In English, you can say “Fuck!” in a negative context, but it can also be used to show disbelief, or even be positive sometimes, although in that case it doesn’t always stand alone (examples: Well, fuck me!; Fuck – that’s incredible!).  Putain works the same way, except it’s usually on its own. For example…

Putain ! J’en ai marre ! (Fuck! I’m sick of this!)

Putain! Nous avons gagné! (Well, fuck! We won!)

Putain, c’est joli! (Fuck me, that’s beautiful.)

The fact that you don’t have to add or agree anything with putain makes it easy to use, but it also means that you have to know the context to fully understand what emotion(s) it’s being used to express.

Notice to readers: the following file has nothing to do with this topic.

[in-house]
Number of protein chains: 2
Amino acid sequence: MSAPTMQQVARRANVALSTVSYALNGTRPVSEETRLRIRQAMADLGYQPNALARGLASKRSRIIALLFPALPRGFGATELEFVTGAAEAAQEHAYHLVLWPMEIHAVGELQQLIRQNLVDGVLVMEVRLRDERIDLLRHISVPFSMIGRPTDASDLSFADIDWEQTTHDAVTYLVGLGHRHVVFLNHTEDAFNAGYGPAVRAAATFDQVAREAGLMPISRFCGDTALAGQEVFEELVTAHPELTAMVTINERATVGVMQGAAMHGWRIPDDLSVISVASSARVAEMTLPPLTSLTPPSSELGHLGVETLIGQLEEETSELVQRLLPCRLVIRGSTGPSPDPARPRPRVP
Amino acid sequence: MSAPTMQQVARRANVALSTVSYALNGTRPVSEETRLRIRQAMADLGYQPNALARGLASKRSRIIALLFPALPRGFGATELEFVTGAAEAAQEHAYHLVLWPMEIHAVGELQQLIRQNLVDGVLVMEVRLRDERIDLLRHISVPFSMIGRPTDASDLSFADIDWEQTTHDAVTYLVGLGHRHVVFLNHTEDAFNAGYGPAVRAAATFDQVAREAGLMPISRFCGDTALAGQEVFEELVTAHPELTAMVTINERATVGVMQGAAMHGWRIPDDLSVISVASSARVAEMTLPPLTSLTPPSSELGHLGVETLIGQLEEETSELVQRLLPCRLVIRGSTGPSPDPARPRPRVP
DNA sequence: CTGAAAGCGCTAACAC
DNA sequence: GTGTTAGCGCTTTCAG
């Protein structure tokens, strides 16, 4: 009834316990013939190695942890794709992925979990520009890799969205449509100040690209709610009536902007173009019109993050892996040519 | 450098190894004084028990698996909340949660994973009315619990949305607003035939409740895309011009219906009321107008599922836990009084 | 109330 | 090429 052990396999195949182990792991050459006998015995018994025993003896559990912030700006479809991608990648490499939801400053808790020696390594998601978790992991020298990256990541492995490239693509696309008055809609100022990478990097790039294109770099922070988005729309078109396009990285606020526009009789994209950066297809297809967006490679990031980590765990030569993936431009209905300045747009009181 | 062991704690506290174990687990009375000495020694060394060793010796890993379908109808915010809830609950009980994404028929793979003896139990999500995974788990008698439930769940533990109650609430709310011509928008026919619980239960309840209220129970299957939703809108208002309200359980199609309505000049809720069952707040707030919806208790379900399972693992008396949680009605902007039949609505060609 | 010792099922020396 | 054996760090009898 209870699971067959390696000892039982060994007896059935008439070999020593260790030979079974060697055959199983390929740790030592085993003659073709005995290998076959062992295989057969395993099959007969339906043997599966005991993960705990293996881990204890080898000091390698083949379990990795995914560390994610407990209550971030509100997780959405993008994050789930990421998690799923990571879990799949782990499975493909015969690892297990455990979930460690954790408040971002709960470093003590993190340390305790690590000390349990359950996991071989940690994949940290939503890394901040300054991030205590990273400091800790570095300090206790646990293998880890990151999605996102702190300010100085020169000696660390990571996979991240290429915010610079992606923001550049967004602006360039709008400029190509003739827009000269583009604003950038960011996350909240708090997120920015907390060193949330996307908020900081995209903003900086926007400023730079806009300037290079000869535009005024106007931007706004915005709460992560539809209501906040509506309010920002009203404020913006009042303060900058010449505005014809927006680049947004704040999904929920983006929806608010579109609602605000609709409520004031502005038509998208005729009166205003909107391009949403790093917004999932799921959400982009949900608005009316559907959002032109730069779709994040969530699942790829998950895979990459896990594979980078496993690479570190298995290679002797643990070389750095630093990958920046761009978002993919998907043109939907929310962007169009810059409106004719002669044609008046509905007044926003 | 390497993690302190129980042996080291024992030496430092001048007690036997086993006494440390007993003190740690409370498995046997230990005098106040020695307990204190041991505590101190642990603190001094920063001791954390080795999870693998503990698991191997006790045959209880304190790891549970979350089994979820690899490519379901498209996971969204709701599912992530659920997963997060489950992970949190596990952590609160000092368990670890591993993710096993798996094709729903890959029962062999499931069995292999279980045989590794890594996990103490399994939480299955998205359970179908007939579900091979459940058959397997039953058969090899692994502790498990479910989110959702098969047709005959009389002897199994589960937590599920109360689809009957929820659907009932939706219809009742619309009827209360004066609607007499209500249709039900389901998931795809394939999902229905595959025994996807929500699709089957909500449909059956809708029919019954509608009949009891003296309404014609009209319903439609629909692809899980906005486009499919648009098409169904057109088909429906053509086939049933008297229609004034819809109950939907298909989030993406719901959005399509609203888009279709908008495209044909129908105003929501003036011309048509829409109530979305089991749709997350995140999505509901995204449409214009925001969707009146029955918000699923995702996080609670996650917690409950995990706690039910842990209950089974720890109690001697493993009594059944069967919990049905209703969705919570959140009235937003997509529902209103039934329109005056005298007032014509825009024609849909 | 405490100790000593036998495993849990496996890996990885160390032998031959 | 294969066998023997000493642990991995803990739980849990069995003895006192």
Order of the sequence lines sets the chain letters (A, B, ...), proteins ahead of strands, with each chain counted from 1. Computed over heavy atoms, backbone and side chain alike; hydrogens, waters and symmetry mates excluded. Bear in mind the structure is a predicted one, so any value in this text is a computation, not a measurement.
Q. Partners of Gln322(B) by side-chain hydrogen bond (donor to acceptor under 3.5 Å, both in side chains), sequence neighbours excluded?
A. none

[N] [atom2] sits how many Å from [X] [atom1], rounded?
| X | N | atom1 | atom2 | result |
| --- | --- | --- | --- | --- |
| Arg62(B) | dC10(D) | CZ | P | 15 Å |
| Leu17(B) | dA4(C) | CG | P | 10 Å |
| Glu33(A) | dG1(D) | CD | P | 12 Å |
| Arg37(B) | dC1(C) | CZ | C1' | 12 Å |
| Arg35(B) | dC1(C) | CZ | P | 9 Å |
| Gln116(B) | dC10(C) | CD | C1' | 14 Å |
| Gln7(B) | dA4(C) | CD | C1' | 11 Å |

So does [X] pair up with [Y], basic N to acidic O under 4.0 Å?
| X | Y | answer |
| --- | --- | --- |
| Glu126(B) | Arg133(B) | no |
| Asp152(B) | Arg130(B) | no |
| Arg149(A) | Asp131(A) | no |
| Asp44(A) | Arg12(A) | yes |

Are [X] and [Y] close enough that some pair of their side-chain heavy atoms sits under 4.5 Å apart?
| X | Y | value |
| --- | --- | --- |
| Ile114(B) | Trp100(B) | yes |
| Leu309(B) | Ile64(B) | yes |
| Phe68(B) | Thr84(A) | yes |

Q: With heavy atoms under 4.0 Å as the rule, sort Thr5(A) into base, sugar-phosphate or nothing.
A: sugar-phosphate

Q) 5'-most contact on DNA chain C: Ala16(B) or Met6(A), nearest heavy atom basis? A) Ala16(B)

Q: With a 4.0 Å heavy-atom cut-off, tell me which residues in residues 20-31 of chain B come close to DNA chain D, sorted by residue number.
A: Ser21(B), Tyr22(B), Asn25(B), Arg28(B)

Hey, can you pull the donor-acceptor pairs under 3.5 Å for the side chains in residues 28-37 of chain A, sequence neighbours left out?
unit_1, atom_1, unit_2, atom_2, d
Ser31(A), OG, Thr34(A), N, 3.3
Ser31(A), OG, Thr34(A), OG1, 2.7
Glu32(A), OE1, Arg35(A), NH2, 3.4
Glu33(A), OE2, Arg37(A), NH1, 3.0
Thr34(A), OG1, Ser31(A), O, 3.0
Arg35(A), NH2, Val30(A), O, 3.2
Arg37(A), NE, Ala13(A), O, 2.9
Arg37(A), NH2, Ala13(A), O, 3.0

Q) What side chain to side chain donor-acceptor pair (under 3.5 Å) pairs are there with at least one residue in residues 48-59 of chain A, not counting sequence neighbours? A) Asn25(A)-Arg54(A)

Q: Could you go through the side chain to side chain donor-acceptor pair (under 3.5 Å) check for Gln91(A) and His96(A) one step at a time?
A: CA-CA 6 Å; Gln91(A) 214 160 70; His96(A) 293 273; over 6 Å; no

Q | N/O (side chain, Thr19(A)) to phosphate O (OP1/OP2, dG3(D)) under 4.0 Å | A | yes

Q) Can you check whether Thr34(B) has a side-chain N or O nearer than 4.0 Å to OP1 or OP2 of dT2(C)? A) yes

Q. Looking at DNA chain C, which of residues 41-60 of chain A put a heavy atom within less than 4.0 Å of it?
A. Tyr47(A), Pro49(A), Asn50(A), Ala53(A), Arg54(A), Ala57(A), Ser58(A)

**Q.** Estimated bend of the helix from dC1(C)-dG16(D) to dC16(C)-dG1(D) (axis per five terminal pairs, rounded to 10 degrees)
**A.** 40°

How vulgar is putain?

Curse words in France aren’t as taboo as they are in many other places. Some French TV shows will bleep out curse words, but this is due to the influence of American television; essentially, it’s to look “cool” (with the exception, occasionally, of shows that are intended for families to watch together). But overall, censorship is rarer. Most French people use curse words to some degree, although older generations generally do it much less frequently, which is the case in many other cultures, too.  

Translating putain can be tricky. The simplest way to define it is the way I did a few paragraphs ago: it’s an equivalent of “Fuck!” as an expression of anger/surprise/joy. But because of its varying degrees of harshness and vulgarity, it’s sometimes better to choose “shit”, “holy shit”, “holy crap, or even “Oh crap!” as an equivalent, depending on the context.